It's NaNoWriMo - National Novel Writing Month - brought to us by the Office of Letters and Light ( at http://www.nanowrimo.org/ )
I have a full-time job which I am unsuccessfully trying to keep within bounds so that I can have a part-time life with my very nice husband. And I've got a full-time novel which I am determined will be The One I Finish. Why would I want to commit myself to writing 50,000 words in 30 days, when I'm already putting in 50+ hours a week on my 35 hour day job, and living part of every day and night in a twilight zone of imaginary people and events spanning eight decades and three countries?
Yet that, I think, is the appeal. Consider:
What is NaNoWriMo?
National Novel Writing Month is a fun, seat-of-your-pants approach to novel writing. Participants begin writing on November 1. The goal is to write a 50,000 word, (approximately 175 page) novel by 11:59:59, November 30.
Valuing enthusiasm and perseverance over painstaking craft, NaNoWriMo is a novel-writing program for everyone who has thought fleetingly about writing a novel but has been scared away by the time and effort involved.
Because of the limited writing window, the ONLY thing that matters in NaNoWriMo is output. It’s all about quantity, not quality. This approach forces you to lower your expectations, take risks, and write on the fly.
Make no mistake: You will be writing a lot of crap. And that’s a good thing. By forcing yourself to write so intensely, you are giving yourself permission to make mistakes. To forgo the endless tweaking and editing and just create. To build without tearing down.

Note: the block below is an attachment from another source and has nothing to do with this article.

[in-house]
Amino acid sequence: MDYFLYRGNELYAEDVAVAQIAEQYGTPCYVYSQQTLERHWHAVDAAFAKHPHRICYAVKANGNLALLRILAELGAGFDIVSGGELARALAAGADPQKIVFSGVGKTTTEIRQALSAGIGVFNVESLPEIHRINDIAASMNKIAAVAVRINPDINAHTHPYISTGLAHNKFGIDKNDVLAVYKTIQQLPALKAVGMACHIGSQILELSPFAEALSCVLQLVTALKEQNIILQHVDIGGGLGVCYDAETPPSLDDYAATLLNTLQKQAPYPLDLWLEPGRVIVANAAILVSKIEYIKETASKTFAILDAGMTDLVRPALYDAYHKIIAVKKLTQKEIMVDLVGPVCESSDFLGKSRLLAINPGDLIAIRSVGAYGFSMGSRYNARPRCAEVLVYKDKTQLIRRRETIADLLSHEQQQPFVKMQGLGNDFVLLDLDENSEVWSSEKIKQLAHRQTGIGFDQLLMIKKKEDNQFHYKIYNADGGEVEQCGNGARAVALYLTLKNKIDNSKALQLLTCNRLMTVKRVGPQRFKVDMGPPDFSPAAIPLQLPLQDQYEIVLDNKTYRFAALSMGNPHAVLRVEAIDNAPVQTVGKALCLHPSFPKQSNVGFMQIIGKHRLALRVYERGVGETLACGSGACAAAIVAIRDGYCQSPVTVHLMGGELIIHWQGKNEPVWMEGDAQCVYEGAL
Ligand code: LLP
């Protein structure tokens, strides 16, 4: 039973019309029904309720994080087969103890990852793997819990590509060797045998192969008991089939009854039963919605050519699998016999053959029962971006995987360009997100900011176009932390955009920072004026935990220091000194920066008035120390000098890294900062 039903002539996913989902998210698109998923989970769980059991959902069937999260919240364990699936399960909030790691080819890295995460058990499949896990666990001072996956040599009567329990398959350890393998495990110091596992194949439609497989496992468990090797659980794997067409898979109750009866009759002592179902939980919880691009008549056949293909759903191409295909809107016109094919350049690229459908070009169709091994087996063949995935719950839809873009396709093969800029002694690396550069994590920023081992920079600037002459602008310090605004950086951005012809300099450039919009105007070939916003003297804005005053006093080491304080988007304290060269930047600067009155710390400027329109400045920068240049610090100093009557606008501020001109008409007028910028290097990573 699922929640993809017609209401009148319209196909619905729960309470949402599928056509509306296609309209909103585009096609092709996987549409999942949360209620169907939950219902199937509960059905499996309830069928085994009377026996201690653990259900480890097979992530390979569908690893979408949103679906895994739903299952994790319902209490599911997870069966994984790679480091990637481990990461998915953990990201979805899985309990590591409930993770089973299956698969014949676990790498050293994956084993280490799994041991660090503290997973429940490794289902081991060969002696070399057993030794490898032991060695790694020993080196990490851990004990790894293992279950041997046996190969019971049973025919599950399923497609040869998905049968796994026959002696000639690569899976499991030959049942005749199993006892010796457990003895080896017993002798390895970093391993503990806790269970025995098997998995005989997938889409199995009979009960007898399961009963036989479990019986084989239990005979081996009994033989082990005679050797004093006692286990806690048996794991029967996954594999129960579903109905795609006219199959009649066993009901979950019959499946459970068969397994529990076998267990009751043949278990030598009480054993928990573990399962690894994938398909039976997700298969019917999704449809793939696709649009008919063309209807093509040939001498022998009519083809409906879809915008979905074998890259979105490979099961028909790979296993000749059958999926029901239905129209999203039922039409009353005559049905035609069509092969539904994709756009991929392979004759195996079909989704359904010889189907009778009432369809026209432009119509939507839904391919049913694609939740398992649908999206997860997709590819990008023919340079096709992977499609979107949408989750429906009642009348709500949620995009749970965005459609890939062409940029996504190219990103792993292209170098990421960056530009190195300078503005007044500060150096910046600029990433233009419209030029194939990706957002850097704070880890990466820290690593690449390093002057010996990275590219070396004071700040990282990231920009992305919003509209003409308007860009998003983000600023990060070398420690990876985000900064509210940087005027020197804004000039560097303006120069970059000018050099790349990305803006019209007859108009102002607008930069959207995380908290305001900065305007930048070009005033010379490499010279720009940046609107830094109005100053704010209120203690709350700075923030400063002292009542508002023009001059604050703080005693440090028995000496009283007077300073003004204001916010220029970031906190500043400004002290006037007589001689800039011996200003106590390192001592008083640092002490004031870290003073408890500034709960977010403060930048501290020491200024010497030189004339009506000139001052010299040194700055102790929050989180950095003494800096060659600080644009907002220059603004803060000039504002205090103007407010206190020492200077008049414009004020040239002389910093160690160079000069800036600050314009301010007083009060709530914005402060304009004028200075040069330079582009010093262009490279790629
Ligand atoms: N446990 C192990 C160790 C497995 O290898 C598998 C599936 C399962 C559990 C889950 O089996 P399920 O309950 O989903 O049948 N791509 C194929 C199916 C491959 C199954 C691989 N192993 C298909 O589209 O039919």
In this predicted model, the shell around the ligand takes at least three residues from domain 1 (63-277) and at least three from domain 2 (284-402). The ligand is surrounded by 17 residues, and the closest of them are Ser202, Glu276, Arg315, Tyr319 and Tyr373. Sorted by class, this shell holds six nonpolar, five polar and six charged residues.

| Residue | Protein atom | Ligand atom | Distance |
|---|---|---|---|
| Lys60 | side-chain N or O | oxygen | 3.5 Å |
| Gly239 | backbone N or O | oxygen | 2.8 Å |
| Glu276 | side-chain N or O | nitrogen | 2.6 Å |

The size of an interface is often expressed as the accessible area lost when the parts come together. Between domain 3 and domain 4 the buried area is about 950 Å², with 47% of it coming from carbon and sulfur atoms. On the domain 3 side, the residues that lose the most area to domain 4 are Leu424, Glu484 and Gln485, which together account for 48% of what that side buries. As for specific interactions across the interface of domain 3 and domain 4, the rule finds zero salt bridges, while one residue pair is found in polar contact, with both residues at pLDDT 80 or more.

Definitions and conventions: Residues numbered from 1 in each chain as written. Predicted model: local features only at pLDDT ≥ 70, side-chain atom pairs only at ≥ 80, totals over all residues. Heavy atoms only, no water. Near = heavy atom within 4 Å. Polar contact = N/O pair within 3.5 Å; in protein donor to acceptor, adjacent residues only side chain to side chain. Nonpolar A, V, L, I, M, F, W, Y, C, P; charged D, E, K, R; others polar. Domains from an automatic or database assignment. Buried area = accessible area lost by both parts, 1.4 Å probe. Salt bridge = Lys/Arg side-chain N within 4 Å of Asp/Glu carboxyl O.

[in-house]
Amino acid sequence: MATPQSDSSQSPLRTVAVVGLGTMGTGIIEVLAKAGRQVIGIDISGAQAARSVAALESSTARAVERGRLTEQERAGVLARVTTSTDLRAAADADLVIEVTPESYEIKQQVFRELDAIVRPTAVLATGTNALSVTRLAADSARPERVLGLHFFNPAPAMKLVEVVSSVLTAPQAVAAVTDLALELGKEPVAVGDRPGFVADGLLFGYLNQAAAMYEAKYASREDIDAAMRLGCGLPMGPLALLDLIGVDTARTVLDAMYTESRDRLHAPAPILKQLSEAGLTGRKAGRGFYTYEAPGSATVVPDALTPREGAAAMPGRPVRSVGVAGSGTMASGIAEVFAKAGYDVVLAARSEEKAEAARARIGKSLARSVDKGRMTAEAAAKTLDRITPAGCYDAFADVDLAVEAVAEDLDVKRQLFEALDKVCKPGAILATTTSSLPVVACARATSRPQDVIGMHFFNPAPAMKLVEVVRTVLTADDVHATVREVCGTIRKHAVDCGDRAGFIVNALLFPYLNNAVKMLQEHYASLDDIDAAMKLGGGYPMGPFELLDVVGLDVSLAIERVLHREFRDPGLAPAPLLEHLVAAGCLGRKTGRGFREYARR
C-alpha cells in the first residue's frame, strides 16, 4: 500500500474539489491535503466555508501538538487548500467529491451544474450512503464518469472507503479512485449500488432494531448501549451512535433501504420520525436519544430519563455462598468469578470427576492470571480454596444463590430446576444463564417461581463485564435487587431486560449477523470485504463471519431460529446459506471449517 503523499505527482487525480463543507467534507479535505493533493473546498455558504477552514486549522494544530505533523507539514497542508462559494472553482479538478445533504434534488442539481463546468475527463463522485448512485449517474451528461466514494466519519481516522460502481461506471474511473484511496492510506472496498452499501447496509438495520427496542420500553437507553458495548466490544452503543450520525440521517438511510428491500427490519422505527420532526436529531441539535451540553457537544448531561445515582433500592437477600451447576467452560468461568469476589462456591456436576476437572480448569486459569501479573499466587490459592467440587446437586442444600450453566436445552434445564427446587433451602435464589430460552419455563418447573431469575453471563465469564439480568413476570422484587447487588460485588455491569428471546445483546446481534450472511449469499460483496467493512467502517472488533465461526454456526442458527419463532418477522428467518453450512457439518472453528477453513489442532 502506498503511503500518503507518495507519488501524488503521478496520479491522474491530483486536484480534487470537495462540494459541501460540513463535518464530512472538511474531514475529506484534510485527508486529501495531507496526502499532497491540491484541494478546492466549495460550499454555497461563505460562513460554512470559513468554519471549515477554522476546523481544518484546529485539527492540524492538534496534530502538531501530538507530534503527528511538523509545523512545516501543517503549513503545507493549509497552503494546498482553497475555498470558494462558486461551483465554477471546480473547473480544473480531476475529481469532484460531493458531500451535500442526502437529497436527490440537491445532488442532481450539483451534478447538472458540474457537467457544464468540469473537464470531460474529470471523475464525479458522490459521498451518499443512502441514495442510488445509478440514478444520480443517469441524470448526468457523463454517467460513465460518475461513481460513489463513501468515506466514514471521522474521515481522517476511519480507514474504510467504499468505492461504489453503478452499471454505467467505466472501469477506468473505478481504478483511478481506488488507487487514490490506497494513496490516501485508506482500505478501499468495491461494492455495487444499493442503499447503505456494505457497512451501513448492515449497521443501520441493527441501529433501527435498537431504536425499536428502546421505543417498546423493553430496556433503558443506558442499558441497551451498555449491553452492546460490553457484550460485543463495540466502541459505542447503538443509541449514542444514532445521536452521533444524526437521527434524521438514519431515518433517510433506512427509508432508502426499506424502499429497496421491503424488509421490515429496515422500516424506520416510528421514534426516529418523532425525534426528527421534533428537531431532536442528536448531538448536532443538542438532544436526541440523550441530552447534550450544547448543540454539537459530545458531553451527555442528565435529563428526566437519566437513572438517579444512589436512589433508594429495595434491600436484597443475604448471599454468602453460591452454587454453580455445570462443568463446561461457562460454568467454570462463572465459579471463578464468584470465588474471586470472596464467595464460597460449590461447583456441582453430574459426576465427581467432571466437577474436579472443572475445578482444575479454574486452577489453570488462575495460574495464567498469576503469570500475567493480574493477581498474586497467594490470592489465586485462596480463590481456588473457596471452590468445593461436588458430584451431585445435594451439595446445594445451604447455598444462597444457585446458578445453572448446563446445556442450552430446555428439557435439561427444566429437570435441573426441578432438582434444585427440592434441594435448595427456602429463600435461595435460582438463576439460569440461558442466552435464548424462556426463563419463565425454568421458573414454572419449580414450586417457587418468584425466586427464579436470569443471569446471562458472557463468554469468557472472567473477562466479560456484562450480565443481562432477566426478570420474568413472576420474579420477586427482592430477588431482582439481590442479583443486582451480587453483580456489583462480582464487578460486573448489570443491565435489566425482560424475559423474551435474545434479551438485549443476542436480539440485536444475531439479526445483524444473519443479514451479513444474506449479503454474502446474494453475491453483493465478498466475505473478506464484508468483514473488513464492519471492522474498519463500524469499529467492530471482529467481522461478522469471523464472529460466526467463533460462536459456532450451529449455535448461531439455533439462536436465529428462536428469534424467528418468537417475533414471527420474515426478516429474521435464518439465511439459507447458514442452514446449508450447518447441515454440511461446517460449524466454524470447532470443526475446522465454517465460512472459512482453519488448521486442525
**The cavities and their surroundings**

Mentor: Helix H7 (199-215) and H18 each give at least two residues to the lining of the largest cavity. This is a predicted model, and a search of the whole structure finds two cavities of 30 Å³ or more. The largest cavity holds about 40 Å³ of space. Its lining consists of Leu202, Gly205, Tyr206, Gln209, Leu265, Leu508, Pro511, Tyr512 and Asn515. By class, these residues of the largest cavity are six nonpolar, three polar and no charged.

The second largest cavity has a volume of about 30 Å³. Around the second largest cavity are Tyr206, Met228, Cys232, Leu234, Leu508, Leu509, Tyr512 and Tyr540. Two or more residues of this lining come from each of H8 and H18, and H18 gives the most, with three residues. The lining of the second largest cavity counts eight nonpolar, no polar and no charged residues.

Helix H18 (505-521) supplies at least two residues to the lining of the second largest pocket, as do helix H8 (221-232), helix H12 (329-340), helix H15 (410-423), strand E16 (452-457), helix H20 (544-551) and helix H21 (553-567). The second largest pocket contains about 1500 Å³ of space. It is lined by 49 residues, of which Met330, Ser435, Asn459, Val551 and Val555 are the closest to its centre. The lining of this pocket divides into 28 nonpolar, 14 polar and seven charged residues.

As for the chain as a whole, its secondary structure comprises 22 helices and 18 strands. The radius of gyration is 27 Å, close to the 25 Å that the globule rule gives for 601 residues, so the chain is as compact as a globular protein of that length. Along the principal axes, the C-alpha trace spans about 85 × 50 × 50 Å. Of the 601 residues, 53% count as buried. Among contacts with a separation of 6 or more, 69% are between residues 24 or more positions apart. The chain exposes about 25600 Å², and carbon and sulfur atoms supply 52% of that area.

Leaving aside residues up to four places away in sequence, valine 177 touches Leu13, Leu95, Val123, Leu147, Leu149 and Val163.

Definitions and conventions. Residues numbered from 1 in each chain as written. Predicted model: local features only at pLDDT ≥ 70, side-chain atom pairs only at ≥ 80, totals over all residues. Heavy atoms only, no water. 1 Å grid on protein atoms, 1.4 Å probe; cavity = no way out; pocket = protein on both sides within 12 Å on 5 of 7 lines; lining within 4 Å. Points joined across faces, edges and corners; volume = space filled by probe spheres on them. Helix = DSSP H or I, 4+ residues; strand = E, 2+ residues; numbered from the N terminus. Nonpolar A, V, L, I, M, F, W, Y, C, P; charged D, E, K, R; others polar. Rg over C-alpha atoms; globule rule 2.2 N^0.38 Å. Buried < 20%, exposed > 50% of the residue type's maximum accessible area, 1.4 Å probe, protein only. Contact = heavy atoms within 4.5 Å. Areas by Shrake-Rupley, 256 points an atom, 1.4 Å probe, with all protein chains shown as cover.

Note those last two sentences. Crikey. I can't even send a three line email without tweaking and editing. My Draft folder sees as much action as my Spam folder. When I blog, I revise rants. My default setting is 'if-that's-all-right-by-you.' And I'm an English teacher, for God's sake! NaNoWriMo. It may be just what I need.
And I love the idea of the two of us bashing away at our repective follies. And occasionally popping out to compare notes with other volunteers for this November madness. Yes, there are others here in Madrid - and all over the world:
As you spend November writing, you can draw comfort from the fact that, all around the world, other National Novel Writing Month participants are going through the same joys and sorrows of producing the Great Frantic Novel. Wrimos meet throughout the month to offer encouragement, commiseration, and—when the thing is done—the kind of raucous celebrations that tend to frighten animals and small children.
In 2010, we had over 200,000 participants. More than 30,000 of them crossed the 50K finish line by the midnight deadline, entering into the annals of NaNoWriMo superstardom forever. They started the month as auto mechanics, out-of-work actors, and middle school English teachers. They walked away novelists.
So, to recap:
What: Writing one 50,000-word novel from scratch in a month’s time.
Who: You! We can’t do this unless we have some other people trying it as well. Let’s write laughably awful yet lengthy prose together.
Why: The reasons are endless! To actively participate in one of our era’s most enchanting art forms! To give yourself permission to write without obsessing over quality. To be able to make obscure references to passages from our novels at parties. To stop being one of those people who say, “I’ve always wanted to write a novel,” and become one of those people who can say, “Oh, a novel? It’s such a funny story–I’ve written three.”
When: You can sign up anytime to add your name to the roster and browse the forums. Writing begins 12:00:01 November 1. To be added to the official list of winners, you must reach the 50,000-word mark by November 30 at 11:59:59. Once your novel has been verified by our web-based team of robotic word counters, the partying begins.
So I think I'm going to give it a go. I don't know if I'll make it to 50,000 words by the deadline, but since the day job really is getting in the way of The One I'm Going To Finish, maybe I should kick back and have some fun. (And I'll be in London over Christmas, so I can do some research at the V&A and the British Museum!)